A UK terrorism expert has warned that proposed counter-extremism laws could work to silence people who support traditional belief systems – including traditional definitions of marriage and family.
In an article from the Independent, Shaun Connolly reports on comments made by the UK Government’s Independent Reviewer of Terrorism Legislation, David Anderson QC, who is tasked with reporting to Parliament on the operation of counter-terrorism law in the UK. In an interview with the BBC, Mr Anderson said that because the definition of “extremism” is being linked with ideologies contrary to British ‘values’ (including the value of “tolerance”), the proposed laws could operate to target those with traditional views as “extremists”:
"I think the trouble with rules like that is that all sorts of people are going, in principle, to be subject to them. People are going to complain about neighbours, they're going to complain about people they work with, the police are going to feel they have to investigate all sorts of people who are miles away from being terrorists, but may just practise religion in a conservative way, or may have eccentric political views.”
The article continues to list serious concerns about the anti-extremism measures being taken by the UK Government, highlighting its impact on personal freedom. As Anderson expressed:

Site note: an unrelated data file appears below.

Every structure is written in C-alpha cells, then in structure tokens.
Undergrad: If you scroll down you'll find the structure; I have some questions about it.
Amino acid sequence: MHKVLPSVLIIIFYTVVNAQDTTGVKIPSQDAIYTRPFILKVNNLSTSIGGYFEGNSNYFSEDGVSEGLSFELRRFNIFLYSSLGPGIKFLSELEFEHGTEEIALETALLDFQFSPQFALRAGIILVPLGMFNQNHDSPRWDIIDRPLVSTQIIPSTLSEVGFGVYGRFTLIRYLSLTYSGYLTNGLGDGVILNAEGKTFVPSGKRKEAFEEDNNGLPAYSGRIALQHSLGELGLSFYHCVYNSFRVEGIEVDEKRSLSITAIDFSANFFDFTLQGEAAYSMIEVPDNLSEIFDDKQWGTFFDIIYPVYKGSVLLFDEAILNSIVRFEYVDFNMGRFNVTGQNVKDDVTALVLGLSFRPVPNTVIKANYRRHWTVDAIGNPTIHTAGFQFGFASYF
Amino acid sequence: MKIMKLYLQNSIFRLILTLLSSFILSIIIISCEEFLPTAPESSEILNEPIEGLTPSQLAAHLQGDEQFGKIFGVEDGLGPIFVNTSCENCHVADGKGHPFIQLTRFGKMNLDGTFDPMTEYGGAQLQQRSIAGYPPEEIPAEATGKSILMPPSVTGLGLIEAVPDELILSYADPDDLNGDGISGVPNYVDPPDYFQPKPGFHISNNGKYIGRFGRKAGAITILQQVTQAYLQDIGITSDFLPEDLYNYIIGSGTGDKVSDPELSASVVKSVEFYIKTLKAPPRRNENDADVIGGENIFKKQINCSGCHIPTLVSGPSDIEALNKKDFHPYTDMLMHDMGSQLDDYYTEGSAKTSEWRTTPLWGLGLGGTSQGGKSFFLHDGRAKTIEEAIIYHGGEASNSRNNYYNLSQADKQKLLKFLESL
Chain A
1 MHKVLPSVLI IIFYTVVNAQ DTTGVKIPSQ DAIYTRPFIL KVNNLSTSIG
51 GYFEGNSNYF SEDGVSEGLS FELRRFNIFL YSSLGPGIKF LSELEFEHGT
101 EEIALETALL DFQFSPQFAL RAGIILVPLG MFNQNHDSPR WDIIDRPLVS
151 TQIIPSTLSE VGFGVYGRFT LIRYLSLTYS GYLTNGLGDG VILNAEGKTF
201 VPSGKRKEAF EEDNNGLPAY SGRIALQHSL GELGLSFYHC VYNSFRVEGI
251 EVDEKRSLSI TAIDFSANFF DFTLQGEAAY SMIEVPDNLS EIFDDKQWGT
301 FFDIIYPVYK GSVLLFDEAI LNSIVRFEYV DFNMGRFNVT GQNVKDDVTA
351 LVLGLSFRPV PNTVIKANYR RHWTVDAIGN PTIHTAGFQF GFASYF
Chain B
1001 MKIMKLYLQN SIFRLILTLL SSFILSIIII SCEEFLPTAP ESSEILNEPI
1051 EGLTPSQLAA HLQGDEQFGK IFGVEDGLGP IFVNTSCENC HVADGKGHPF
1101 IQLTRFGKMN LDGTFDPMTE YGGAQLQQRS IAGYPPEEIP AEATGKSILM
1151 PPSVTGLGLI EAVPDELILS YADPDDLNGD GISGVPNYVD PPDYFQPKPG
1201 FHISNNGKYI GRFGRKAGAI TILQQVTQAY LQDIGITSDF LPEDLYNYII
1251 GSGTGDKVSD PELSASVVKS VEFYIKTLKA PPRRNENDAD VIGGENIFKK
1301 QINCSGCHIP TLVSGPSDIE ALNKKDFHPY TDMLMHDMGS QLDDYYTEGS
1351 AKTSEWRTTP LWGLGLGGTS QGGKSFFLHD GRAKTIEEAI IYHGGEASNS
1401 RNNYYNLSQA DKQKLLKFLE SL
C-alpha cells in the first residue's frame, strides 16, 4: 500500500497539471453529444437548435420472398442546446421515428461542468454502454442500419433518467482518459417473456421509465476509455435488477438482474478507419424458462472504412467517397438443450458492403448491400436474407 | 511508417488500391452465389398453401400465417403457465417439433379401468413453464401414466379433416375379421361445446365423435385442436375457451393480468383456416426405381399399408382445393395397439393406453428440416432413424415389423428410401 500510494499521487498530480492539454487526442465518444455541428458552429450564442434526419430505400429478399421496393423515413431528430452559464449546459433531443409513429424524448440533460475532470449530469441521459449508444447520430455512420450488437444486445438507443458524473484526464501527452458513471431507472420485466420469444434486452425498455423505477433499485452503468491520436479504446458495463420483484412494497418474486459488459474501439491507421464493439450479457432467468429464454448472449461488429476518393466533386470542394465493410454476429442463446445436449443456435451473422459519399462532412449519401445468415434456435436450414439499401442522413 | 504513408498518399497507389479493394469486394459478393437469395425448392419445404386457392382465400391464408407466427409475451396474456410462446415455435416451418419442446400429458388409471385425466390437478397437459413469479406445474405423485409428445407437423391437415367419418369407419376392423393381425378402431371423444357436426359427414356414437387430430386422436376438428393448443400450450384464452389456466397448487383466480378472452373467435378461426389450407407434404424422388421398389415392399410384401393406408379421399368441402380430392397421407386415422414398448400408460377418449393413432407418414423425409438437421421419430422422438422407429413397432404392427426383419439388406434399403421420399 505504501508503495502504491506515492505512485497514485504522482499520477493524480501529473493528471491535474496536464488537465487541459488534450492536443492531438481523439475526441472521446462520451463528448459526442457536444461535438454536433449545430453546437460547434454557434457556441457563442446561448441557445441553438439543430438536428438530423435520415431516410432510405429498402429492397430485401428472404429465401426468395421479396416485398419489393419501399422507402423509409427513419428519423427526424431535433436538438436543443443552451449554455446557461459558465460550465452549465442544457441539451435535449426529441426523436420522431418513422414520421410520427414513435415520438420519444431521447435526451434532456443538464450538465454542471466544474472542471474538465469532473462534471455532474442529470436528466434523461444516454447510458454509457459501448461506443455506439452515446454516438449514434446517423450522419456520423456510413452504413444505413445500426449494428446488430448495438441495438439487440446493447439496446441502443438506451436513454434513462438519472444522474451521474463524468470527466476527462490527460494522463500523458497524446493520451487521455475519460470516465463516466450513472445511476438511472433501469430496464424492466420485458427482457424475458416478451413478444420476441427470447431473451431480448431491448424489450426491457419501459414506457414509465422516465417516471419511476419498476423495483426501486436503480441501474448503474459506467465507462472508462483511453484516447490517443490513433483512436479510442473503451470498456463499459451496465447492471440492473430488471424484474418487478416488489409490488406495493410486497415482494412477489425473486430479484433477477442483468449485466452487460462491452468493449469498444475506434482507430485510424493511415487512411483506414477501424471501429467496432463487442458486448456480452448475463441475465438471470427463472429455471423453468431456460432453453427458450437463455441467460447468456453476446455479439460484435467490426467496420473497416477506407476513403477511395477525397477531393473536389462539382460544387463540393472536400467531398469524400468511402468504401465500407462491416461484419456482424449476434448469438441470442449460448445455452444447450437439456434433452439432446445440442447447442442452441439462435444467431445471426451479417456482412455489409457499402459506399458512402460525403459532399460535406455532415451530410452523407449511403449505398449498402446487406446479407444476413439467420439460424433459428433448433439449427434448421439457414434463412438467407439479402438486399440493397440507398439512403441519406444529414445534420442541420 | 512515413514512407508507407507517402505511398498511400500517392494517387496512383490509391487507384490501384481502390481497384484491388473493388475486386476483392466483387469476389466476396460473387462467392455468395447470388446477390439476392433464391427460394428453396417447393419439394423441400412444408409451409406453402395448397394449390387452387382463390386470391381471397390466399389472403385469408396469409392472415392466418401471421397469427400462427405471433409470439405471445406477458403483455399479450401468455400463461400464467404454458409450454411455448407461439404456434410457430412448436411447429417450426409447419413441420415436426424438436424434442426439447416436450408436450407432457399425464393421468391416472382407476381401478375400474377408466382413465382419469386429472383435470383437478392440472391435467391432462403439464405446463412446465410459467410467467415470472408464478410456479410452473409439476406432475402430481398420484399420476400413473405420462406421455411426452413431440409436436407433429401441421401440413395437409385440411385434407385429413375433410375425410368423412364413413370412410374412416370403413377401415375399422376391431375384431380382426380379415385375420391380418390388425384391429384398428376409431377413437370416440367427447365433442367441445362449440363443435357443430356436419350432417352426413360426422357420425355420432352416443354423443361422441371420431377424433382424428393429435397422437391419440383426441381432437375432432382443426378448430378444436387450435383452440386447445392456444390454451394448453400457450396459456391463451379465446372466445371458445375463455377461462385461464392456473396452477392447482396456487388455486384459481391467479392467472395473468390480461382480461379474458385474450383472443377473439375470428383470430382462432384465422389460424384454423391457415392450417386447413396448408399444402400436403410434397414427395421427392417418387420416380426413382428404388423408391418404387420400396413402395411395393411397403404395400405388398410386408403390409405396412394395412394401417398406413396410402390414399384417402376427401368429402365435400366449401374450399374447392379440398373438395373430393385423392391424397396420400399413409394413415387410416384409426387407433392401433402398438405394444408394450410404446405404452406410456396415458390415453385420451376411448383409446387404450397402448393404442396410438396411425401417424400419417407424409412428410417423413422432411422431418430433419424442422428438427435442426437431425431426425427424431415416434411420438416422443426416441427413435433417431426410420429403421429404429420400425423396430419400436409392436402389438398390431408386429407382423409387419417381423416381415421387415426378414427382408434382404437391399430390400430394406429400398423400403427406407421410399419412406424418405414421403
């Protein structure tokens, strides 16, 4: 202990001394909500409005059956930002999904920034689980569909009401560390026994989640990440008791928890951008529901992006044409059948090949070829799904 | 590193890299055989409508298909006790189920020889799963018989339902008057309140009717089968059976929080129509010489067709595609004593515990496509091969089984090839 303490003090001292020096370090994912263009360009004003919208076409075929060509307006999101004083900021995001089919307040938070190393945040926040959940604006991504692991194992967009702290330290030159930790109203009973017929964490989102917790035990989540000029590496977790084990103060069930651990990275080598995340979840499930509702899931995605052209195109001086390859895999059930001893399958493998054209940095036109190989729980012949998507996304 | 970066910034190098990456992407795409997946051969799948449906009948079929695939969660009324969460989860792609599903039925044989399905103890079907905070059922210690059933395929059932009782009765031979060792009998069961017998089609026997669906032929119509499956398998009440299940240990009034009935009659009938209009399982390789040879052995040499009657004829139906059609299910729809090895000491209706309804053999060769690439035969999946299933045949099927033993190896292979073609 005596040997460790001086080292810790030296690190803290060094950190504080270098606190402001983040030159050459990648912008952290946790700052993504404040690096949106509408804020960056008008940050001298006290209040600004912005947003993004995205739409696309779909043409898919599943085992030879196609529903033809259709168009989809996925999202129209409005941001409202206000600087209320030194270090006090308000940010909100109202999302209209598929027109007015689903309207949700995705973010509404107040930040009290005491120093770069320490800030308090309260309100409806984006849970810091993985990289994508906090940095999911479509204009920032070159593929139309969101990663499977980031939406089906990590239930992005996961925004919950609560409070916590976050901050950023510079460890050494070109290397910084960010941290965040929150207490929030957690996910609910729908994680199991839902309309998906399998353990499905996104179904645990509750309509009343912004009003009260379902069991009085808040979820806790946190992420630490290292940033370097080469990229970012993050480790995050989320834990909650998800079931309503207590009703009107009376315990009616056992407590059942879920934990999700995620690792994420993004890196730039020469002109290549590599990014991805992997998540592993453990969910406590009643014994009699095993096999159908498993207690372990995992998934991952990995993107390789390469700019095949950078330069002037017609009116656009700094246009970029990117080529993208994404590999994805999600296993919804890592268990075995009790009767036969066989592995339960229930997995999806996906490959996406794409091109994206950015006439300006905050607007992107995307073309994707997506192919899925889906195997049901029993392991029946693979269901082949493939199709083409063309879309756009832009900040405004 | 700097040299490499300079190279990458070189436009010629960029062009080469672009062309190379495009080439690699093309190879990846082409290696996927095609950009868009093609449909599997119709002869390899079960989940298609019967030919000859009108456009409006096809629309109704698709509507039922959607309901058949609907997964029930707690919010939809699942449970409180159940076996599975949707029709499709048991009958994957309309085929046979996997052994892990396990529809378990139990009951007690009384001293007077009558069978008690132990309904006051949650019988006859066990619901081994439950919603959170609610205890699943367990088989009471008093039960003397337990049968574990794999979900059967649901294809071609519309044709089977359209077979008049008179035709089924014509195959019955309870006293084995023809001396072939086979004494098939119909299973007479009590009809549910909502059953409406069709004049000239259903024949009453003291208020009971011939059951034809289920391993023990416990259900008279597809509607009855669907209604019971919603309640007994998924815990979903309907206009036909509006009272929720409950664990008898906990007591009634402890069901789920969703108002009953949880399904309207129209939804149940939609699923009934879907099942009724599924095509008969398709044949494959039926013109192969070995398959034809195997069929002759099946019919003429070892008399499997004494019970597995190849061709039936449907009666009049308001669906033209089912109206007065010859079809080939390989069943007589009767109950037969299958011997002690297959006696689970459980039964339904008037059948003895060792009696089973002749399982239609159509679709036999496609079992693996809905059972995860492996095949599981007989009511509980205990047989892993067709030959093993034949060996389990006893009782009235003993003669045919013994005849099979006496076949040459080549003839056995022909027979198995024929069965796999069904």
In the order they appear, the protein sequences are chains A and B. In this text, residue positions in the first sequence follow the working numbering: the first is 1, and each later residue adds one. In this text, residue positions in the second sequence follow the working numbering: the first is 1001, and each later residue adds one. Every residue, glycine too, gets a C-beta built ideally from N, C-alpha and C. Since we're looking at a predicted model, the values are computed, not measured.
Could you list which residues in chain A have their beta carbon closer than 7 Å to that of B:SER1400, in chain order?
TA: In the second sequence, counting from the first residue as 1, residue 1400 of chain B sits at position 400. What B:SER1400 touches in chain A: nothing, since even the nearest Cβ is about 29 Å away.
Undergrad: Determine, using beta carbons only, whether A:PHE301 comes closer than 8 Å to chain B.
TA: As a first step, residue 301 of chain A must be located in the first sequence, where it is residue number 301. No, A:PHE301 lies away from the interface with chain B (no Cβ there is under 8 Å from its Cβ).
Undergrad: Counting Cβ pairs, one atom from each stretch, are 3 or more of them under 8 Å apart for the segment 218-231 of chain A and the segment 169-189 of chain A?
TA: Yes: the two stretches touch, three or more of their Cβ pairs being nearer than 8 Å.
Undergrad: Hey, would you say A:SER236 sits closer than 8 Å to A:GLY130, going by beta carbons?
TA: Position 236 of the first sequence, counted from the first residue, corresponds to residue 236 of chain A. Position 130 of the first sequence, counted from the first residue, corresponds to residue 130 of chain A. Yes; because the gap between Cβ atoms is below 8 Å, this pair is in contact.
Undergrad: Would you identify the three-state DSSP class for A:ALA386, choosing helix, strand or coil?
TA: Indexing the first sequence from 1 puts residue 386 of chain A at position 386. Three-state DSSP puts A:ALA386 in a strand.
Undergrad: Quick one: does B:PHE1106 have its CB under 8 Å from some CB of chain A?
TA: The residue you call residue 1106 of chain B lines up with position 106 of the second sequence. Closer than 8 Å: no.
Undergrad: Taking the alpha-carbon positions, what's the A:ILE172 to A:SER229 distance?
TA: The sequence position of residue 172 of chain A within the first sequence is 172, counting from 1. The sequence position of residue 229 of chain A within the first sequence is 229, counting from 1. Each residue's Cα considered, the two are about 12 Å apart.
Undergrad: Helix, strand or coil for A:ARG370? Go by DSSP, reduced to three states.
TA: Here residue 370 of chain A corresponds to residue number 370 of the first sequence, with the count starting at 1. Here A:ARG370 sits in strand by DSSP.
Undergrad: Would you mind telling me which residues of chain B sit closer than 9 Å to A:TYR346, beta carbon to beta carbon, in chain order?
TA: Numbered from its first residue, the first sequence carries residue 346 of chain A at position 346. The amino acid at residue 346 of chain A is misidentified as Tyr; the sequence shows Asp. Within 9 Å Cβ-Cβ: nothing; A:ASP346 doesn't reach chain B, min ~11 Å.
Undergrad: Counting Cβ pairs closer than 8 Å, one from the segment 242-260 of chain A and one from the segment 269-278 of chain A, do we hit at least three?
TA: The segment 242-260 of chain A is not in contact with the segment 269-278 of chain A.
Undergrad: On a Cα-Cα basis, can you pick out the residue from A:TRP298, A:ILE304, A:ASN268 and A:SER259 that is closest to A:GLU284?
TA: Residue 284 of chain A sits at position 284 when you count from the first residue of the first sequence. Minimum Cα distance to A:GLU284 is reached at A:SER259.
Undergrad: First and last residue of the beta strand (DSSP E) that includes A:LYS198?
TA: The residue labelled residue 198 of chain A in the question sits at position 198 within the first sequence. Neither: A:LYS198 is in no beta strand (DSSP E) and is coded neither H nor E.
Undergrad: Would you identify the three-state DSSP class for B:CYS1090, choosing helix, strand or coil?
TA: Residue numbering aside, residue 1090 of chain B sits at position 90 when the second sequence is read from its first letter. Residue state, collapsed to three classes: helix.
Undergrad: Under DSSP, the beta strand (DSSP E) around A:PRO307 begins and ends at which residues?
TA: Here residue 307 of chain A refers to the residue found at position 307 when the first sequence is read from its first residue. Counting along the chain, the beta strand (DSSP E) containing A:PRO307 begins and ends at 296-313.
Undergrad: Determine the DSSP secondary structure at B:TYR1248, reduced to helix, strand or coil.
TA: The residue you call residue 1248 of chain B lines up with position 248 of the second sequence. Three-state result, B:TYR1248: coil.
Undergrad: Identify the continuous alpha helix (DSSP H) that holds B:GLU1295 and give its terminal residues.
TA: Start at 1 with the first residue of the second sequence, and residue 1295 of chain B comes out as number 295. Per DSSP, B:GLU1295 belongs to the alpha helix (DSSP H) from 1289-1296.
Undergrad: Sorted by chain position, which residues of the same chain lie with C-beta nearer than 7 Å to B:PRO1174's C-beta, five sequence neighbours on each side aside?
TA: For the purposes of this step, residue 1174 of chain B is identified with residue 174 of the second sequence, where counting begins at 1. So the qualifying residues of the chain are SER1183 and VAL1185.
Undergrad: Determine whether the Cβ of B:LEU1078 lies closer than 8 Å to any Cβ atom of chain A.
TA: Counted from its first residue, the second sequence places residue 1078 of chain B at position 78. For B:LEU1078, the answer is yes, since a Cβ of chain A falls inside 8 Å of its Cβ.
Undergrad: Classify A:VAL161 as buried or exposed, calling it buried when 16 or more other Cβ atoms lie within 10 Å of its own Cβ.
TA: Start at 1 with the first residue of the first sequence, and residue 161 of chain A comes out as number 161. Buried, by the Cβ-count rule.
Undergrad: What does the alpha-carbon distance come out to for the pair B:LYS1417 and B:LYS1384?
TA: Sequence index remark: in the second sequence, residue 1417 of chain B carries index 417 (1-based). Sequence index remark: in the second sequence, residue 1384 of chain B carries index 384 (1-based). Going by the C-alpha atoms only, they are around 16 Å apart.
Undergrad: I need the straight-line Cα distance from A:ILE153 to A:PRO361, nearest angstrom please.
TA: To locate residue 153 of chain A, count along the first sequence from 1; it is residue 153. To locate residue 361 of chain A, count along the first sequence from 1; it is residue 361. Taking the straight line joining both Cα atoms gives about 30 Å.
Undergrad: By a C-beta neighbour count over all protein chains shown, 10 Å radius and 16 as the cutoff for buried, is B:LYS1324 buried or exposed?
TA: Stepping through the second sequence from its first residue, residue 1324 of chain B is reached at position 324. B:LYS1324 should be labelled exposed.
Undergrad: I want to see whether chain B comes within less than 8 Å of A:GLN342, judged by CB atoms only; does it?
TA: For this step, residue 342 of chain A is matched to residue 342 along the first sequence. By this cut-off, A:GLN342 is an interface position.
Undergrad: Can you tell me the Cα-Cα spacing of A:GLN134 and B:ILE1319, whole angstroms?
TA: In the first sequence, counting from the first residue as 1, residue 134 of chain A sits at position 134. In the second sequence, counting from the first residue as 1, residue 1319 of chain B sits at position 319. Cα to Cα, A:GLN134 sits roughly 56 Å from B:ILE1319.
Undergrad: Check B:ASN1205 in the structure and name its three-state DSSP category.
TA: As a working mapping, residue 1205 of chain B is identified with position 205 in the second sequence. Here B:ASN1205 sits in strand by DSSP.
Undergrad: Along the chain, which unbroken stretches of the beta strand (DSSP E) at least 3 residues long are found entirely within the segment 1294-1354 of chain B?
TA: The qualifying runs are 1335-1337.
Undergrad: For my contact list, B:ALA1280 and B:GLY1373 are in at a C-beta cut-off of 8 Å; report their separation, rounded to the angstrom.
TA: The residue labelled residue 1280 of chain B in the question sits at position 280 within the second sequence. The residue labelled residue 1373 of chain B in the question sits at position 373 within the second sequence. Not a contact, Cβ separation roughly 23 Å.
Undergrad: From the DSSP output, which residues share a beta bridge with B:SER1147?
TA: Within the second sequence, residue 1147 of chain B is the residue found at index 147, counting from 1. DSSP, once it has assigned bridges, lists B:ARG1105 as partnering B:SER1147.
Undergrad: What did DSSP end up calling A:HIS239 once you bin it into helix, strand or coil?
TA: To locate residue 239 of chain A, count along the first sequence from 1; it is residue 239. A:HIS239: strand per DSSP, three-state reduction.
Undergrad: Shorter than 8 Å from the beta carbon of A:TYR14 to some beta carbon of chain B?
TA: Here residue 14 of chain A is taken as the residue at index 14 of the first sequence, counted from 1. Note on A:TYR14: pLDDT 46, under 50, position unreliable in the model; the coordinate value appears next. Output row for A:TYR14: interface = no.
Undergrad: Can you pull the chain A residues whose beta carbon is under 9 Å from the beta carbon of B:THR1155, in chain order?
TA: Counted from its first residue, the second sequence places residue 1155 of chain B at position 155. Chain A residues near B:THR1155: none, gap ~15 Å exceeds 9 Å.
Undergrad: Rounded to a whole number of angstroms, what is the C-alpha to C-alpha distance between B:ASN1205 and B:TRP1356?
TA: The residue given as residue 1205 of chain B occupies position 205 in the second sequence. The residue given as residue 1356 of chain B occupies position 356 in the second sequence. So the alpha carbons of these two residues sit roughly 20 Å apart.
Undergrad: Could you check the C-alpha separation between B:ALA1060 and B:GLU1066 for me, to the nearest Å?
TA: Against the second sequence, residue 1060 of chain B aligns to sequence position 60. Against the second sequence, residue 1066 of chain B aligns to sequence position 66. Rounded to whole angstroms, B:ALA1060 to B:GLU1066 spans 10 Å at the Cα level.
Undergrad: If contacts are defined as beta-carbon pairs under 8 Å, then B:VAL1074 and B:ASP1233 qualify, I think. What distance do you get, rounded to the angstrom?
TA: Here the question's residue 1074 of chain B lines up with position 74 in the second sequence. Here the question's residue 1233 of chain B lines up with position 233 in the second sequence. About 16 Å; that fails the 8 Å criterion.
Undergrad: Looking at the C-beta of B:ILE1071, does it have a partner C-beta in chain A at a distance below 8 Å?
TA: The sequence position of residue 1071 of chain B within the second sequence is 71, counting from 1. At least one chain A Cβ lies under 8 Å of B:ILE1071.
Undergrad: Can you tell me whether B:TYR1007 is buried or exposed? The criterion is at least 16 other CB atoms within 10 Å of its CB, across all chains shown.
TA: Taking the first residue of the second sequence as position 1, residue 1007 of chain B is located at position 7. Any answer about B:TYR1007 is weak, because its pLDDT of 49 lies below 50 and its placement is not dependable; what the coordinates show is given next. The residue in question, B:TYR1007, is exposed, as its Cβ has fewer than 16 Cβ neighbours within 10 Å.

"They say that if you are going to engage in extremist activity, then you could be made subject to some coercive measure whereby you might not be able to use social media, or you might be limited in your associations, or in where you can go, and so on," he said.
Anderson is not the only one who sees major flaws with the Bill. Last July, the Joint Committee on Human Rights stepped in, urging the Government to reconsider the legislation. The group expressed concerns that the Bill would initiate war on those who espoused conservative values, and posed if anything, a weak solution to the global issue:
The committee said it was concerned that any new legislation targeting conservative religious views - including beliefs regarded as homophobic or misogynistic by many Britons - was likely to end up either discriminating against Muslims or being used indiscriminately against evangelical Christians, Orthodox Jews and other groups which have no record of encouraging violence.
Not only does the Counter-Extremism Bill specifically focus on religious groups, but it simultaneously attacks traditional values in general. In particular, it threatens the societal pillars of marriage and family, equating “conservative” views of them to acts of terrorism. Under this Bill, punishments such as the revocation of social media or limitation of social contact could be enforced upon those who don’t embrace the secular agendas, even when in conflict with their conscience.
For Australia, such legislation is a warning: as more laws attacking fundamental freedoms are become probable, we must take note of the far reaching consequences. Furthermore, we must be ready to defend our rights and the definition of marriage. If the definition of marriage falls, we can be certain that our religious freedoms and freedom of speech will suffer in tandem.